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Turning The Tide Of Health Reforms By Taitamariki For Taitamariki In Te Hiku Ō Te Ika

A sea change bringing better health and wellbeing outcomes for Far North taitamariki is on the horizon as a group of young leaders at the forefront of health reforms reconvenes for 2024.

Since last August, He Taura – a rangatahi leadership group of 12 young people – has been meeting under the mentorship of The Moko Foundation to scope and design hauora solutions for taitamariki living in the area extending from north Hokianga to Doubtless Bay to Cape Reinga.

The group is part of the wider Taikorihi Locality initiative – one of several population health prototypes nationwide set up under the Pae Ora (Healthy Futures) Act 2022 to influence and inform the future investment of public health in New Zealand.

The Moko Foundation Health Research Co-Ordinator Conor Watene O’Sullivan says the group underwent an eight-week design sprint last year, which involved surveying over 100 of their peers on accessibility to health care, mental health supports and suggestions for improved services in Te Hiku.

Analysis of the results, coupled with previous taitamariki voice, has seen the group’s recommendations accepted by Te Whatu Ora to roll out three initiatives across Te Hiku this year that will address the accessibility and availability of taitamariki sports, rangatahi leadership development and health services in kura kaupapa Māori.

Conor says that the opportunity for Te Hiku communities and providers to work more closely with Te Whatu Ora and deliver locally designed solutions under Taikorihi is empowering youth voice to be heard amidst the noise of the current health landscape.

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“We no longer see this top-down approach, whereby Ministry and the government would set the agenda and allocate the funding that traditionally would have gone to DHBs or PHOs or other agencies, with our providers and whānau at the bottom reacting to the wider system.

With a mechanism like Taikorihi, we can now collect the whānau voice, we can set the agenda, and we can leverage the top hierarchical policy makers to respond to the needs of our whānau,” Conor says.

The initiatives are currently in varying stages of development, and the Taikorihi model will see He Taura work with lead Te Hiku contract providers to deliver initiatives this year.

The Moko Foundation will be delivering a Rangatahi Leadership and Mentorship programme with most of last year’s He Taura members and the addition of a few more. The programme aims to build on what has already been established within the group and will see them exposed to more networking and personal and professional development opportunities.

Addressing the participation rates of young people in sports will be the priority outcome of the Rangatahi Sports and Wellbeing Programme, being led out by Native Sports.

He Taura member Mereana Thomas (19) says young people in Te Hiku benefit most from participating in physical exercise and holistic lifestyles, but the positive outcomes don’t stop in the immediate term.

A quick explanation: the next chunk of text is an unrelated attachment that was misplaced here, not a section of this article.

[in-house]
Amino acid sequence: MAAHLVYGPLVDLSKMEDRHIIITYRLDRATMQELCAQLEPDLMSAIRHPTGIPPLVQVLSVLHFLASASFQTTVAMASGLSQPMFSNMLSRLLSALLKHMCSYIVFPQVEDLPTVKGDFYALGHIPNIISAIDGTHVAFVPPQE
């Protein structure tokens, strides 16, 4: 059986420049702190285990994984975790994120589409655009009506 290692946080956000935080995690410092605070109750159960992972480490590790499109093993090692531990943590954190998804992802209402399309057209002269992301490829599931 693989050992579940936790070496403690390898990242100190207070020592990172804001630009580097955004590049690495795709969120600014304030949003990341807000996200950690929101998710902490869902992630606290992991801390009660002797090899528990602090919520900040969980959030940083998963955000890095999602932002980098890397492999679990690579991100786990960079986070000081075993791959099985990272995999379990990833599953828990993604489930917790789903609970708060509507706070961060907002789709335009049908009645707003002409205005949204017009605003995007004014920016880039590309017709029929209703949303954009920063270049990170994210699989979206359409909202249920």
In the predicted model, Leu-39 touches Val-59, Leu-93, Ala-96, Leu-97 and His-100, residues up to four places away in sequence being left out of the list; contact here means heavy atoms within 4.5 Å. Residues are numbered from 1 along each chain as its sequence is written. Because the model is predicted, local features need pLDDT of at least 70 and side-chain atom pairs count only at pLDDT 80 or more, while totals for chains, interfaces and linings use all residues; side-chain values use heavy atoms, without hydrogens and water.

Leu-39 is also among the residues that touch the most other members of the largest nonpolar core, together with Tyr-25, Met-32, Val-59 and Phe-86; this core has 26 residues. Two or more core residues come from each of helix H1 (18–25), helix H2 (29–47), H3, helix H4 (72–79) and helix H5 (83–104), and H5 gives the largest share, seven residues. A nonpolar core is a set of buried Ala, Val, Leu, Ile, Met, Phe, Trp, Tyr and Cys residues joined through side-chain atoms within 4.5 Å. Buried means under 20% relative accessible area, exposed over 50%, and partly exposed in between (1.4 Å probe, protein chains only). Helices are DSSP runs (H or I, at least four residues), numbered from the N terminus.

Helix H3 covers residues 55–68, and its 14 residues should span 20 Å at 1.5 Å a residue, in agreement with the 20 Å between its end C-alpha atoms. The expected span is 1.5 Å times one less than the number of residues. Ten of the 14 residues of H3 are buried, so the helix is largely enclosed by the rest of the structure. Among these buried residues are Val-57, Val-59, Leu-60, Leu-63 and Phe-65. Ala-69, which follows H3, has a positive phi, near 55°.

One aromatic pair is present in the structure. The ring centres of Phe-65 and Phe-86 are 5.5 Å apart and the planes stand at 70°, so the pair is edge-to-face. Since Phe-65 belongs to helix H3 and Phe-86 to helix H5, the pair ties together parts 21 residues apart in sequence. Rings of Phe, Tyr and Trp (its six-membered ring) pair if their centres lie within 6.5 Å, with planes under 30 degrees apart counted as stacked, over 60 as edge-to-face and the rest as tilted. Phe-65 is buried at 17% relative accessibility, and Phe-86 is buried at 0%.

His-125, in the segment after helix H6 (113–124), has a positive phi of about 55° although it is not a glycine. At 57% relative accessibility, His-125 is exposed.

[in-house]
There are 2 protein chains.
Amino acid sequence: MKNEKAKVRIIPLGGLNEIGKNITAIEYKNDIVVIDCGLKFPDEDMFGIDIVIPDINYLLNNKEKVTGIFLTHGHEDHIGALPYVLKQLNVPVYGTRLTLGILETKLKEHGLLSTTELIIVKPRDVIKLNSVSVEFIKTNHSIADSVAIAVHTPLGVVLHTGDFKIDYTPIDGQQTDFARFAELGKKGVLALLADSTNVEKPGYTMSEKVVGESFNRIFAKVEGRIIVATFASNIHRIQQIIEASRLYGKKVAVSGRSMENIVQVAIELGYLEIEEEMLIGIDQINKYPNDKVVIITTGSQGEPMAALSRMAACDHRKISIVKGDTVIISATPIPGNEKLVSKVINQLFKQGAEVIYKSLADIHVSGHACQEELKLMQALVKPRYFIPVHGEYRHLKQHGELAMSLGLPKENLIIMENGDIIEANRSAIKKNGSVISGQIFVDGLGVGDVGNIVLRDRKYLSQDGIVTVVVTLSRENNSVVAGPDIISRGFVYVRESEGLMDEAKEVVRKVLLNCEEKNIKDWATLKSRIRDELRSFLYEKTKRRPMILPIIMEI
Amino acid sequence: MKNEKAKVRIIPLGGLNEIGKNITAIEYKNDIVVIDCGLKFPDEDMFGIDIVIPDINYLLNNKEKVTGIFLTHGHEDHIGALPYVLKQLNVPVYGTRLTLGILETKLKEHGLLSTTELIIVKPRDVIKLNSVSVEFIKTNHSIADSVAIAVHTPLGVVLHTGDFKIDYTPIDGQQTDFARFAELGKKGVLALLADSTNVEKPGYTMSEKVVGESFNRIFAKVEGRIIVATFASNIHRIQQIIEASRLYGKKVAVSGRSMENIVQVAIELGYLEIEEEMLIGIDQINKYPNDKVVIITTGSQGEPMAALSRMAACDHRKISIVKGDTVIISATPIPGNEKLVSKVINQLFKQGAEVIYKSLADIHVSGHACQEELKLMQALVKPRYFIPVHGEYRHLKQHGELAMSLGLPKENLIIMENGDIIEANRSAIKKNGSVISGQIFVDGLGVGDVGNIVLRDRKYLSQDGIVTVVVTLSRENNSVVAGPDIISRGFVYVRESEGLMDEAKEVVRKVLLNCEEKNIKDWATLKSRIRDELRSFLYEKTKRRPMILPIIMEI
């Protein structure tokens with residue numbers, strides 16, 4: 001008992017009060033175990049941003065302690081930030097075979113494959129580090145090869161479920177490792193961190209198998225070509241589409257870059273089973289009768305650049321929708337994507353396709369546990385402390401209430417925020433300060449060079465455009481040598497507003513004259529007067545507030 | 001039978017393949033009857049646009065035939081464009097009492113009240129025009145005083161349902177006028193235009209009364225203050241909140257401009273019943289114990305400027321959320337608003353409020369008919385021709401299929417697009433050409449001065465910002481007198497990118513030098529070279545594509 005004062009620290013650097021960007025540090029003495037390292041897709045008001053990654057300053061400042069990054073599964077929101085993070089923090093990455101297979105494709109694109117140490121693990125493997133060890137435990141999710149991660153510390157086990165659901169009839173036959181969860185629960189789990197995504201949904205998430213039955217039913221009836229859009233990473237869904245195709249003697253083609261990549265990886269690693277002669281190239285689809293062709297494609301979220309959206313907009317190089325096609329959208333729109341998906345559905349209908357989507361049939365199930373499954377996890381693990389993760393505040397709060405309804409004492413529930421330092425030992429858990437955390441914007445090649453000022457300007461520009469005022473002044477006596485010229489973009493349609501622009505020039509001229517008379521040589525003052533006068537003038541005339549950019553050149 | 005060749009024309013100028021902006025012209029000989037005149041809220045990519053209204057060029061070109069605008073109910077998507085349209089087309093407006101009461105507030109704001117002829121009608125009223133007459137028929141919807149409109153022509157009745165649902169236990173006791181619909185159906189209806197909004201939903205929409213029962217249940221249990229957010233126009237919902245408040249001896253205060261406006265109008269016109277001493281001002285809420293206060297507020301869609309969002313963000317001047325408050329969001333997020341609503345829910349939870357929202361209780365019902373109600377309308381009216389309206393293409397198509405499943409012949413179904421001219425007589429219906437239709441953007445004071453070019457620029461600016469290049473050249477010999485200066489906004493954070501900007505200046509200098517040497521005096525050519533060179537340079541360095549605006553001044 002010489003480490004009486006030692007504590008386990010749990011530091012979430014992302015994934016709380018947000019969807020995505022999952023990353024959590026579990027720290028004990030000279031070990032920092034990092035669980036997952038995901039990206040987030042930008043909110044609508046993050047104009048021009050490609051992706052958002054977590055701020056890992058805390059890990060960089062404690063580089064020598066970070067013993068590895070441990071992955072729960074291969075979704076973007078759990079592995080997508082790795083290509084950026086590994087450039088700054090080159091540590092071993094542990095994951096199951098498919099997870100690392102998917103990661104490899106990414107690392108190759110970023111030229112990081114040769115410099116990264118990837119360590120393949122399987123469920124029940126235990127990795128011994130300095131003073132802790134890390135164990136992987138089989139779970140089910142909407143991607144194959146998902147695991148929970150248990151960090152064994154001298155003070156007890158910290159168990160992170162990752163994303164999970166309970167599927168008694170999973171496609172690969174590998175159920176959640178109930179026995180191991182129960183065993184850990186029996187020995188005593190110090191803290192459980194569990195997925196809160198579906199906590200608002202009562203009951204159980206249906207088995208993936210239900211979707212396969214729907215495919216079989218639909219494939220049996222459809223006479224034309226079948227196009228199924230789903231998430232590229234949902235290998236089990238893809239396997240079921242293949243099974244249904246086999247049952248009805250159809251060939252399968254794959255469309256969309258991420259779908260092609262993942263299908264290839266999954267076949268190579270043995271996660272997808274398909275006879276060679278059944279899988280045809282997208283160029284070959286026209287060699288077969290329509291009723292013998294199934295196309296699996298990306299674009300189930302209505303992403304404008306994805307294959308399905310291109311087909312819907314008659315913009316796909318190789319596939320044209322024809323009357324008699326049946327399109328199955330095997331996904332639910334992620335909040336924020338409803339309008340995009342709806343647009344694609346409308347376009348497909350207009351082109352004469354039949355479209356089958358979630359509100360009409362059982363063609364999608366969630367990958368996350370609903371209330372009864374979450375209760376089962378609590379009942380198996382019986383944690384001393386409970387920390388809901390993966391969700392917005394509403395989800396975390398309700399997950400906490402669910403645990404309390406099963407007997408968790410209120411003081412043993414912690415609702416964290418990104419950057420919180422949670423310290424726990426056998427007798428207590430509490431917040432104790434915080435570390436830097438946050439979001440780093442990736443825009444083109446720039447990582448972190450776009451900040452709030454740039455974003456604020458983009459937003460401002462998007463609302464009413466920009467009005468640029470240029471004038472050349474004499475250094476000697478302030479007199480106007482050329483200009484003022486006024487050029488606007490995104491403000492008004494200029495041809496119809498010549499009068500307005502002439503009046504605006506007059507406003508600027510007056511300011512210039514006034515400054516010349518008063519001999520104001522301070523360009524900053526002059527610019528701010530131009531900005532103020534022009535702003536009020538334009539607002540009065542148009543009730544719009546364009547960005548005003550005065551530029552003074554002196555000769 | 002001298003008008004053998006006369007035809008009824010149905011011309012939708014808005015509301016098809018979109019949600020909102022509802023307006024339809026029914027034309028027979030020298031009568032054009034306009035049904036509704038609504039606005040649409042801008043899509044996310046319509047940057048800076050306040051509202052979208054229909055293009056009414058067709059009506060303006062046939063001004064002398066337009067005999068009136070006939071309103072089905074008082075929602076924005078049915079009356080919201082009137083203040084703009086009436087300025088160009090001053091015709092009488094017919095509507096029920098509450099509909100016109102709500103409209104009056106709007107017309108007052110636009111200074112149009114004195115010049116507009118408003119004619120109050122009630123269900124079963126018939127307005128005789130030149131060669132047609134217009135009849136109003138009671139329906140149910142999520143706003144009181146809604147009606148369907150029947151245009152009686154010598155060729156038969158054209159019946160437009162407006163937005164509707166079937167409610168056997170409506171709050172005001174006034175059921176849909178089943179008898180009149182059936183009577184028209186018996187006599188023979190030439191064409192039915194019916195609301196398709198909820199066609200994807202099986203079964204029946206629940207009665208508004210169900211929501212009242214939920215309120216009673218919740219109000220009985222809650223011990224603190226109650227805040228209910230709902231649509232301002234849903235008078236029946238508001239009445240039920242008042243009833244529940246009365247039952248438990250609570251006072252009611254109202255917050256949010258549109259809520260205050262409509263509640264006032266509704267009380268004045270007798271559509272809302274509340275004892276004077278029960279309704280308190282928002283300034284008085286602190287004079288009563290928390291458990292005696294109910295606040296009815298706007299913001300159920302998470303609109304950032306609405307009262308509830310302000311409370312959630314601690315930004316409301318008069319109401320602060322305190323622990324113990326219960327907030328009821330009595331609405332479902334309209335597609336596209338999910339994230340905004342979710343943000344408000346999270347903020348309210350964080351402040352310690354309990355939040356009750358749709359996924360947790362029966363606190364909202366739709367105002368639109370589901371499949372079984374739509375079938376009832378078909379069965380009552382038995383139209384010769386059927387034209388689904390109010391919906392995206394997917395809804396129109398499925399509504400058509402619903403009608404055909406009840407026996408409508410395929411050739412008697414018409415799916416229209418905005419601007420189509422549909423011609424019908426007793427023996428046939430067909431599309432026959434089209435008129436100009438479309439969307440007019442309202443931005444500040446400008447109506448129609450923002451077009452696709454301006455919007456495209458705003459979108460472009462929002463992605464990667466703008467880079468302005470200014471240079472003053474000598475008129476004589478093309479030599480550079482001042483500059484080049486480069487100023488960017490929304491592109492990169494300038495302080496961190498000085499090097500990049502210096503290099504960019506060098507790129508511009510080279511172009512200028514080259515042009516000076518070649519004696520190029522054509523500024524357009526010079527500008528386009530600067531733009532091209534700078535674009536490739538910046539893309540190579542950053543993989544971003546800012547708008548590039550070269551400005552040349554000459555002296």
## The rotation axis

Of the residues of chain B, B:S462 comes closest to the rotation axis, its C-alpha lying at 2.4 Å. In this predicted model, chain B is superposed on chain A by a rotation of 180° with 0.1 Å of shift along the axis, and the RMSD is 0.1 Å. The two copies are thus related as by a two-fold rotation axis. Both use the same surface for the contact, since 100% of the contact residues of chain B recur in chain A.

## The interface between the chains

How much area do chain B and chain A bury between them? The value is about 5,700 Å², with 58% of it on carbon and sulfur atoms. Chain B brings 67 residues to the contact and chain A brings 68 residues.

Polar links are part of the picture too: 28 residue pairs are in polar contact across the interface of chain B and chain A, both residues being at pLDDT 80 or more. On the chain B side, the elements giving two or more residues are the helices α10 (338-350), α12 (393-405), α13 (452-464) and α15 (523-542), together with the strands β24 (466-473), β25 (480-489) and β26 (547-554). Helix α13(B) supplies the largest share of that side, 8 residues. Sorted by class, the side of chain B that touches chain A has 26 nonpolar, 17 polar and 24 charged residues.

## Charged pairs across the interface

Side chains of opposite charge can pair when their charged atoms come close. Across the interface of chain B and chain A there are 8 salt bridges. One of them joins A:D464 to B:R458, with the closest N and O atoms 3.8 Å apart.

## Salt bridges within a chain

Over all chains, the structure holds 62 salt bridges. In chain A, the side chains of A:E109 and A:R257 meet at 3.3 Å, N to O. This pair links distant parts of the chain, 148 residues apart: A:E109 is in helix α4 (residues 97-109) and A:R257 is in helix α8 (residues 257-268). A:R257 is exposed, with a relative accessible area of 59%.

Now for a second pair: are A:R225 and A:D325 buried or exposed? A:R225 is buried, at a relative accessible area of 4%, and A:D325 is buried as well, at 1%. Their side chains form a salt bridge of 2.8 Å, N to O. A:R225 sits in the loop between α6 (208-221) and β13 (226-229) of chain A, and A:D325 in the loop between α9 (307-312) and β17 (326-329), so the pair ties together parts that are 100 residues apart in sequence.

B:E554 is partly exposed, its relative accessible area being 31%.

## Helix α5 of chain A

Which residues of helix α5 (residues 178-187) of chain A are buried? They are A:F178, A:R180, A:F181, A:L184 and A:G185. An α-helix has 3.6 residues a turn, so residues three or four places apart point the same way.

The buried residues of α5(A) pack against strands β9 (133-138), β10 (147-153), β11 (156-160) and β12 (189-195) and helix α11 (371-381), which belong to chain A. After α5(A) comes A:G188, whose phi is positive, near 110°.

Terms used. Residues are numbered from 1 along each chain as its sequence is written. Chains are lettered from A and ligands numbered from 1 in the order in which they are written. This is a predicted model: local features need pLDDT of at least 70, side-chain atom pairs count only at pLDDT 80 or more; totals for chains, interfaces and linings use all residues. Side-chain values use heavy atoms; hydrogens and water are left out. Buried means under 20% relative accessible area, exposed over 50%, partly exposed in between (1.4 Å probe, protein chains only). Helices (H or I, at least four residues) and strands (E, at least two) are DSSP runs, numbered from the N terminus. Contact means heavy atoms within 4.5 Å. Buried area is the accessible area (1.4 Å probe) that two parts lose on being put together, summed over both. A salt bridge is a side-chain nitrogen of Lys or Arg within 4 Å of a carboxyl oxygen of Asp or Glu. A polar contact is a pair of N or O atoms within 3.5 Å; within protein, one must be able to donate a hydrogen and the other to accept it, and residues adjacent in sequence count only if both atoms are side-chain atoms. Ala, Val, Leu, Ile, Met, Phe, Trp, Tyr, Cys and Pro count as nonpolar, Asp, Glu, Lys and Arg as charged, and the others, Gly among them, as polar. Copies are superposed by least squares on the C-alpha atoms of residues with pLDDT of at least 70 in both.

“In Te Hiku there are not a lot of opportunities here and that’s what our rangatahi are asking for. Access to structured sports programmes, sports days, sports facilities, more sports in school; this leads into sports careers which give you skill development, mentorship, and exposure to higher level competitions,” she says.

The final initiative to be piloted is Hauora in Kura – a project to re-introduce health services into kura kaupapa Māori with Navilluso Medical.

He Taura member Karangatai Piripi (20) has experienced education in kura kaupapa Māori, mainstream education and is now studying towards a degree in nursing with NorthTec in Whangārei.

She says, in hindsight, that the health education she engaged in across all education systems differed considerably.

“What we have is a lot of rangatahi at school who are wanting to make good choices and informed health decisions but don’t have the knowledge, don’t have the resources, and don’t know who to ask for support.

The reason for coming up with this school programme was to facilitate an environment where we connect rangatahi to support networks, including multi-disciplinary approaches on a range of matters,” Karangatai says.

Taikorihi Programme Manager JJ Ripikoi says the fact that He Taura was able to canvas over 100 peers over a brief period and analyse the data to arrive at three initiatives to test is a sign of the times.

“We can’t afford to lose time. The reason Taikorihi chose to focus on initiatives that addressed the mental wellness of taitamariki in Te Hiku is because our whānau told us it was a matter of urgency.

These three initiatives are designed by young people for young people. I think they will go a long way towards establishing some preventative measures we can build on in Te Hiku that will help turn the tide towards better health outcomes for our whānau,” JJ says.


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